Raw Series - Image Review
Rhonda is someone who I've photographed before. We spent the whole day together. So, that helps enormously, and maybe I cheated and said I wanted her back again. (audience laughs)
And so, again, in photography, that's why we have muses, and that's why we find people that we like to shoot. And, ultimately people who become a muse is partly because they're that person who you've managed to build a relationship with that they allow you to get the best out of them, and they bring the best out of you, right. And, why one person is a muse versus another is not because they're prettier or stronger or taller, or anything, it's personality, it's because your personality, your chemistry, same way you pick a friend, and it's why certain people have become famous and others not. And, you wonder why. It's that power of becoming someone's muse. And, the whole Raw Series, for me, was about this sort of journey of emotion and of being real and being authentic, being in the moment, being vulnerable. ...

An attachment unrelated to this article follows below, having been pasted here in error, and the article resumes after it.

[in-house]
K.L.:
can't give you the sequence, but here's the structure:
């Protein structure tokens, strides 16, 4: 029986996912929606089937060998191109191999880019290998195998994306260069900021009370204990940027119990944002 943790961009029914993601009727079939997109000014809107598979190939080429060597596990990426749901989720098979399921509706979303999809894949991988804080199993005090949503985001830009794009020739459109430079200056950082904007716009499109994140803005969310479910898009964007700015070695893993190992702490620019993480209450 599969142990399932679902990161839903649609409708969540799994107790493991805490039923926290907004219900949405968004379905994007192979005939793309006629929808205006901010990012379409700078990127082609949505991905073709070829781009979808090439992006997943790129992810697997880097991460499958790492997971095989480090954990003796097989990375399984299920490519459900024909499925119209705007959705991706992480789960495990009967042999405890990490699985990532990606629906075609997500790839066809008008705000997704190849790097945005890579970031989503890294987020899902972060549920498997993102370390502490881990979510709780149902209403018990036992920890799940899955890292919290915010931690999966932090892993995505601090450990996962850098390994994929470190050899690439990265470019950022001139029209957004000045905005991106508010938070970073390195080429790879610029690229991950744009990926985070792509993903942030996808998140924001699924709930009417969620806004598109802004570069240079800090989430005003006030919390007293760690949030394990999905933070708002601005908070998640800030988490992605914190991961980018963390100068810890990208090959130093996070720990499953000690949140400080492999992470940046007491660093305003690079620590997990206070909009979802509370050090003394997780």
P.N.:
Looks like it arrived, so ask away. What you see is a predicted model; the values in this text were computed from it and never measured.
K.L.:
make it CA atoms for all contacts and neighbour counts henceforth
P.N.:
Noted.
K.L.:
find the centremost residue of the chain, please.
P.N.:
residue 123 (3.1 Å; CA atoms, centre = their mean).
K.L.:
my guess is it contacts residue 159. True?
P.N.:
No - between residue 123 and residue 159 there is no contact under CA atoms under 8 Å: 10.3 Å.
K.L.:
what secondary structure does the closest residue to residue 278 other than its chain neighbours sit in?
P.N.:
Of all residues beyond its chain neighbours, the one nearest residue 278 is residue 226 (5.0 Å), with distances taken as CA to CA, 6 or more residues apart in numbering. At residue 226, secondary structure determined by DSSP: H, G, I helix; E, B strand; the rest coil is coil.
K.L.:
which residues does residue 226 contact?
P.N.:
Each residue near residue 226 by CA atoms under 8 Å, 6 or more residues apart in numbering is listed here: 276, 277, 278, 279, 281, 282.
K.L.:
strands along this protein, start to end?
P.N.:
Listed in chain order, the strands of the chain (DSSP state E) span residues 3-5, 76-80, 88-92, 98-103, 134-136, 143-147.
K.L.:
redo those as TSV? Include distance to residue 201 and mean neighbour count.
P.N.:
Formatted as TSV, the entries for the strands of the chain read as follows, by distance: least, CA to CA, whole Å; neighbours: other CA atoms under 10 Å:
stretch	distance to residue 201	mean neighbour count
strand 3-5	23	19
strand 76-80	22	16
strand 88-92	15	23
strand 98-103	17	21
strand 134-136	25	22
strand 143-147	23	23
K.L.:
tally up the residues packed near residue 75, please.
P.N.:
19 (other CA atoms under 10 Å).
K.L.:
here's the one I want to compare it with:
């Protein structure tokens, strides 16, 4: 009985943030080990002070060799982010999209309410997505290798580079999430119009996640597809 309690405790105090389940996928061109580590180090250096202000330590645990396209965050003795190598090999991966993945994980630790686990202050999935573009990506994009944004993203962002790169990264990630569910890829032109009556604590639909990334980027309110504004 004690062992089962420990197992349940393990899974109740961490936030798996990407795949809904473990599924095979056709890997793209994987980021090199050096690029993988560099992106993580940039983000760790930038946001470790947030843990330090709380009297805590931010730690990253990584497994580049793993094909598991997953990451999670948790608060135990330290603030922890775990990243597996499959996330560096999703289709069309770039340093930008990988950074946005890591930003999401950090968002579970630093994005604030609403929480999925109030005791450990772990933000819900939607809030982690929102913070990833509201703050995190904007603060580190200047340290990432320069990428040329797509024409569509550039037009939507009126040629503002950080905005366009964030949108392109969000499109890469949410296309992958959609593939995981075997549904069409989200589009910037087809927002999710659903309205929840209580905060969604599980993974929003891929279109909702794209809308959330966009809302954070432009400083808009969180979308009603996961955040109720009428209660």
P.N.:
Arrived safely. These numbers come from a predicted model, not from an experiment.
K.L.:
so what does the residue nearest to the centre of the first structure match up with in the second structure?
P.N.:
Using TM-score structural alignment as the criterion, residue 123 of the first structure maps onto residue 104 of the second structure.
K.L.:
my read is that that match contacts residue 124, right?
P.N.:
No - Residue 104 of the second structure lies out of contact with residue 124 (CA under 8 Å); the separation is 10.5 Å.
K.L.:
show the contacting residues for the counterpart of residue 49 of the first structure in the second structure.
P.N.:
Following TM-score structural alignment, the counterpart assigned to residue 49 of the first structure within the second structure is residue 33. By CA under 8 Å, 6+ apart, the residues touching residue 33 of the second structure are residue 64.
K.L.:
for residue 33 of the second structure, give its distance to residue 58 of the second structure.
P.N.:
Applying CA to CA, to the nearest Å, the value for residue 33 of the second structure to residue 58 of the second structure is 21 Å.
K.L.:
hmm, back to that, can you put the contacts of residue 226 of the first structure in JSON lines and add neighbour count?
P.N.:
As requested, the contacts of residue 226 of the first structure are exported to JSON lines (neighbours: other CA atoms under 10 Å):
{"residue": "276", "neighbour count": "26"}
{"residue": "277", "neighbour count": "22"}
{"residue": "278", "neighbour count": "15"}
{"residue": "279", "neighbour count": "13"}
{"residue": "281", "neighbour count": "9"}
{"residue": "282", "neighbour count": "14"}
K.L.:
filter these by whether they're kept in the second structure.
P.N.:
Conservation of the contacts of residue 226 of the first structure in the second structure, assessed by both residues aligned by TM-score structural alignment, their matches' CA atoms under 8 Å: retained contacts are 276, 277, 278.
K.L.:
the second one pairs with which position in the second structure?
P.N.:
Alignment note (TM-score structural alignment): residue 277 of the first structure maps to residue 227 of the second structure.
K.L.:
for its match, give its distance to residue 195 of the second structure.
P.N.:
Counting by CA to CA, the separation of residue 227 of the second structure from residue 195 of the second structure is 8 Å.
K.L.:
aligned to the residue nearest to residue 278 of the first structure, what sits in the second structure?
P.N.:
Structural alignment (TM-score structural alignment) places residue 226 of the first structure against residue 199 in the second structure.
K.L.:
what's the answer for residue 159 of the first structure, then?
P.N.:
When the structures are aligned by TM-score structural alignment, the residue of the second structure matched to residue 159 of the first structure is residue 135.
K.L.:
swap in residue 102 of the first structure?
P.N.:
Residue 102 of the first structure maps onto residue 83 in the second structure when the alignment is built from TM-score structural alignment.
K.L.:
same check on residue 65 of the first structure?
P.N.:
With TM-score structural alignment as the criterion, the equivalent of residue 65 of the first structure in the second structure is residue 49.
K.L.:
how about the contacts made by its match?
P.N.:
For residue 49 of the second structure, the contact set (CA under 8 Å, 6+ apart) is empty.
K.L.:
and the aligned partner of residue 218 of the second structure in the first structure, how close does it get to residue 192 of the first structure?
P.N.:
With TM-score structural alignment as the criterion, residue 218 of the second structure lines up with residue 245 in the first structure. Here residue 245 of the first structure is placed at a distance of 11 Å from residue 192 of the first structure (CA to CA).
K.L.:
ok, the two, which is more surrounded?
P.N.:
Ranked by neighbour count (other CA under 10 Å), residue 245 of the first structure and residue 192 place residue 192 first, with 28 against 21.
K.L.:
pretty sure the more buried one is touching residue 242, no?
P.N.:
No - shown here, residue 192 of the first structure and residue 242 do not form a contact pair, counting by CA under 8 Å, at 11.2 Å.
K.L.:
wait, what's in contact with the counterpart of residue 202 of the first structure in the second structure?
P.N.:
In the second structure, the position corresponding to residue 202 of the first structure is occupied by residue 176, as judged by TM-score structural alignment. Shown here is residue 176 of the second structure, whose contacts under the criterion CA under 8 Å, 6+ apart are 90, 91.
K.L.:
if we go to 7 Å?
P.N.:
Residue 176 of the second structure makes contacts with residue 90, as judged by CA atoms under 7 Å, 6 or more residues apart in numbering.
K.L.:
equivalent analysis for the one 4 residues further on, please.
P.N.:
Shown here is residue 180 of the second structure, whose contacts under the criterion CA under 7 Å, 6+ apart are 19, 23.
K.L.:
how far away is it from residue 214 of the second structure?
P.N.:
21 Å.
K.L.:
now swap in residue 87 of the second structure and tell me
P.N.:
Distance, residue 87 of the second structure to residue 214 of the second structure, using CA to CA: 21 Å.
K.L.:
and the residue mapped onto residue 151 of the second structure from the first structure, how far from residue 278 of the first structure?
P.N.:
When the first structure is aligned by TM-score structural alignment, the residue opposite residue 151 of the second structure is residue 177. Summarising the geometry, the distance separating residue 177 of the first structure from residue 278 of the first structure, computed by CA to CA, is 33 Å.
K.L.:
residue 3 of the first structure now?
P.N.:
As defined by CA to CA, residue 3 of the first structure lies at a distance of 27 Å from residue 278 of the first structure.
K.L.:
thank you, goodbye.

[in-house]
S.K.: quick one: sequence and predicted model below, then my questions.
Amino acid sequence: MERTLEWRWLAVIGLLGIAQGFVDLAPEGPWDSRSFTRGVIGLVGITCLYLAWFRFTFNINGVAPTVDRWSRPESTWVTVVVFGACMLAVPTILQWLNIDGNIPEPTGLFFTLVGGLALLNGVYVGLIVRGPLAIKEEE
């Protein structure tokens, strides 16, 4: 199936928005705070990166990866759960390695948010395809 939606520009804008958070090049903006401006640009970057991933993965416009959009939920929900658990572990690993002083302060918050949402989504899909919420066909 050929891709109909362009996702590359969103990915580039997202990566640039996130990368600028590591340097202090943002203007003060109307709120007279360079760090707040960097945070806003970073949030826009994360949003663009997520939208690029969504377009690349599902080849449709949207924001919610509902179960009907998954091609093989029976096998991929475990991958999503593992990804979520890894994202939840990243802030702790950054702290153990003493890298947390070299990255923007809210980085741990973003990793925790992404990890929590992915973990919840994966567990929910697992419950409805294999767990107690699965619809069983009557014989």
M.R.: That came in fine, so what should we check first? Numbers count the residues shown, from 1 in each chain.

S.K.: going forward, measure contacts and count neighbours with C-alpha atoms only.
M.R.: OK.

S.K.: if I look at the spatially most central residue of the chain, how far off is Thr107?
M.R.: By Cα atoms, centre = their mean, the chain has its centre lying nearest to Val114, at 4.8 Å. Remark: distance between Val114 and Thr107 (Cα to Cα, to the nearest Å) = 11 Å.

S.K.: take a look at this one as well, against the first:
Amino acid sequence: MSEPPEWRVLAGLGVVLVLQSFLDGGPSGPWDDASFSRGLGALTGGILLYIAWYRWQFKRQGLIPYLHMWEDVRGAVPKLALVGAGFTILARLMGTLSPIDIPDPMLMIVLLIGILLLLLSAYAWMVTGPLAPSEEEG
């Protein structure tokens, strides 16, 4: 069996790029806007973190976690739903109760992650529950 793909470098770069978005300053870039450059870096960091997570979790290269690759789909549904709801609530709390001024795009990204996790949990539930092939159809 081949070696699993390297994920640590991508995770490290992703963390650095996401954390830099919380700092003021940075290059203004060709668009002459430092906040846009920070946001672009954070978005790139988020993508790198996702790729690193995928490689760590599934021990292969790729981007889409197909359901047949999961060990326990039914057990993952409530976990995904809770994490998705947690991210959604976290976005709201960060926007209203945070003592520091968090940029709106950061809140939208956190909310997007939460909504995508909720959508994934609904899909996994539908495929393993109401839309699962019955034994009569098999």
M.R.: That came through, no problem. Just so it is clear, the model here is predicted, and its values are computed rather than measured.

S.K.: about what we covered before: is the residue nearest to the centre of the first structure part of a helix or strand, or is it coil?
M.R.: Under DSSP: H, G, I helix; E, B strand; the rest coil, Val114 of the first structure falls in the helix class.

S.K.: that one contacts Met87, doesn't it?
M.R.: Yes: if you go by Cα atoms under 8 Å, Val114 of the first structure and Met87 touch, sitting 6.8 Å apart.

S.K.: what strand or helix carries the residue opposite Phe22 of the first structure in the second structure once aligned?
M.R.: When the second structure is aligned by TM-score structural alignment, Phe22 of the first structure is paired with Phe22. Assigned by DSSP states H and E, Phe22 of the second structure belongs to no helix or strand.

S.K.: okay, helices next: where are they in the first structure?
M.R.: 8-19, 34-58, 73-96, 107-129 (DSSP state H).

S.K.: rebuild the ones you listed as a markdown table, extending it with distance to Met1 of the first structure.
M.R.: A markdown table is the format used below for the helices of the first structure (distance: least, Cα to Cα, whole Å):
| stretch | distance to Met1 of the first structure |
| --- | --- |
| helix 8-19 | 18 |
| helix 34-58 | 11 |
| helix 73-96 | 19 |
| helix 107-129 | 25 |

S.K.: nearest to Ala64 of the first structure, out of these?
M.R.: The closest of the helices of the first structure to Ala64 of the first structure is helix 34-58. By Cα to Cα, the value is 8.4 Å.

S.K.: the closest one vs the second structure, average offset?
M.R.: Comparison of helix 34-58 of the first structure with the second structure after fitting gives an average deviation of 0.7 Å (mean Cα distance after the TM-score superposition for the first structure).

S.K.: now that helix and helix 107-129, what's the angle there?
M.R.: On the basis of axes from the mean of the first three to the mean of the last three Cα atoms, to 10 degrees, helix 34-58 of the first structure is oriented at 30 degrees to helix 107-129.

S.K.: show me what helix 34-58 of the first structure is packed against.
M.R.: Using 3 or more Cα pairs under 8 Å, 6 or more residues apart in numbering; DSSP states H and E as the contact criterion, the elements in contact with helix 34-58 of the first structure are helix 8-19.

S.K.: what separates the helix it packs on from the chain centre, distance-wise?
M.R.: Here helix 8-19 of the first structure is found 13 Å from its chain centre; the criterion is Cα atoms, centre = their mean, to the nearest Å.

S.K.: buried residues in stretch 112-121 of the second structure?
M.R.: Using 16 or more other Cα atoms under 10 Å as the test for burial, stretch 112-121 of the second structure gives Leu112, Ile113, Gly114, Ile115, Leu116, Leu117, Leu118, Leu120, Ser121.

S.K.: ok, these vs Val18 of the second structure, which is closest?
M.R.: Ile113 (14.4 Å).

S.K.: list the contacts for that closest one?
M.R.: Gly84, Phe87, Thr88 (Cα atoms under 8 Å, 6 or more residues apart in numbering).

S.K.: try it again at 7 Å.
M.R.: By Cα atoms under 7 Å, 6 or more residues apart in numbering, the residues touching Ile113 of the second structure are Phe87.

And, I did it for me, right, it was my own exploration into what I could do, what I could get out of someone, what I could discover. And, I talked earlier about being inspired: you have to inspire yourself, and whenever you do this, you do some of the best work you've ever done. And, hopefully, along the way, you inspire others, and, I have got numerous jobs since this campaign and series came out. And, it's the simplest job in the world. There's one light, background, two bits of cardboard, and you're off to the races. It wasn't about the lighting. The lighting's soft and it's pretty and it's beautiful and these are all completely raw out of the can, there's no real tweaks or anything put on this. Yes, we flipped it to black and white, to keep it simple. Yes, I was asking most of my models in the Raw Series to wear denim, 'cause it's not about necessarily about the clothes. But, it's about that kind of personality and in here, you can see, obviously as I was making Mike move and kick, and what have you, and then you look at his face after, and then he's laughing at me, and he's joking, and he's a little twinkle in his eyes. And, if I just tried to say a joke, it wouldn't be funny, probably. But, by creating scenarios that are amusing, or funny or shocking: pouring water on someone's head, you can see the visceral reaction in his body, the way his body contorts and moves, every aspect of it. And, it helps bring him to life. So, it's having this sort of series of tricks up your sleeve. You know, people ask me, and have said, and I think even today earlier, you know, how do I inspire people or whatever, and, this is a whole series of ways to do that. But, it's not inspiring others, it's inspiring yourself, and I think that's the trick. People come to set and they're standing in front of you. They're not there for you. You have to be there for them, and it's sort of turning that table. And so, arming yourself with questions, being curious, actually caring, and to push these people through various different looks and feelings, and being as sensitive as possible, really trying to feel those moments come out and breathe it. Listen to your breath. Listen to their breath. Listen to everything. Play the right kind of music. Create scenarios where it perhaps pushes the envelope a little bit or makes someone feel uncomfortable. And, you're gonna get those magic moments, you're gonna get times where you're like, "Okay, I believe this moment, I can feel it. This picture says something to me." Or, it makes me feel awkward. It's gonna make you feel something. If a picture doesn't make you feel any way, it's failed, it's just a picture. And, it's very...this application also applies to things like corporate headshots. Trust me, CEO of a business, obviously, he doesn't necessarily want to have water poured on his head, nor does he want to tell you his personal secrets, but neither does he also want to stand there and just sit in a suit with good lighting and that's probably what he's used to. And, he'll probably accept that. But, when you wanna be asked back, and, I've done, like for example, portraits of every editor, Beauty Editor, at Conde Nast, at Hurst, things like that, over the years, I've been hired to do those things. And, you know that there's 30 of them or something, and they're gonna all want the same picture and the same light and the same, it's kind of like a mill. But by finding out a little bit about each person by bringing out that little twinkle, even if they're still somewhat serious, by wondering where they want to go next in their career, wondering who they are and what brought them to that moment of becoming a CEO or becoming a Beauty Editor, why that job's fun for them, or why they want to change to another area, all these things, these thoughts that bring their eyes alive and all of a sudden, of course, the intelligence and the wisdom comes out. And, that's what we, most of us, like to look like in a corporate headshot, at least, is smart and wise, intellectual, in control. But, if they just stand there, perhaps none of those things will come out. So, you've got to try and provoke it. You were very easy to shoot, sir. Being handsome always helps, but, finding the beauty and looking for the beauty in everywhere, every angle, every place is what it's all about. And, I'll tell you one more last story of a girl called Nikki Mueller, who is very very special to me. She's a, it was a Make-a-Wish as well, and it was a very first wish I ever granted. She had had leukemia, and her arm was very scarred and withered, like this. Other side of her body was perfect. And I, she had wished to be a model for the day, and I had the honor of granting that wish. I remember, she was standing in front of me, and her arm was like this, and had a terrible scar on it. And, she sort of stood like that, and I thought, "Okay, I'm gonna take a couple of shot like this," and then I said to Nikki: "Nikki, will you turn around? Just turn around," so that she would give me her perfect side, unscarred, unflawed, and look beautiful. She looked at me, this fourteen-year-old little girl, and went, "No, I don't want to. This is why I'm here. This is my story, and I'm okay with it." And, it was one of the most powerful moments I'd ever experienced. And, it helped me, and this is about fifteen years, no, longer, fifteen years ago perhaps. Helped me understand the concept of beauty, of what real true beauty was, of photographing courage and bravery. And, that picture just rocked! Her eyes were like huge saucers of courage. And, Nikki became one of my muses for the rest of her life. Now, she was only fourteen at the time. I followed her career. She recovered from leukemia, and she went on to get a degree in Fine Art. And, she then collaborated with me, became an intern at my office, as a young adult, and she created this very interesting art. And, we did a collaboration. And, right before we were about to do this collaboration, she let me know that she had discovered that she had a brain tumor, again. And, for the very final thing that we ever did, we created this beautiful body of work with Nikki, of which we projected her art on her body, and we did an exhibition of photographs in the studio of which they all sold that night, and they were sold for about $2000 a piece, and all the money went to Make-a-Wish. And, only a few weeks later, Nikki passed away, age 23. But, the look in her eyes, and the feeling that she gave people, and the photographs and the artwork that we delivered after that fact, Nikki is never gonna be forgotten. And, she will continue to inspire. And, it was an amazingly powerful moment, and I am constantly reminded, by that bravery, and that was one of the inspirations for Raw. I'm gonna make myself cry.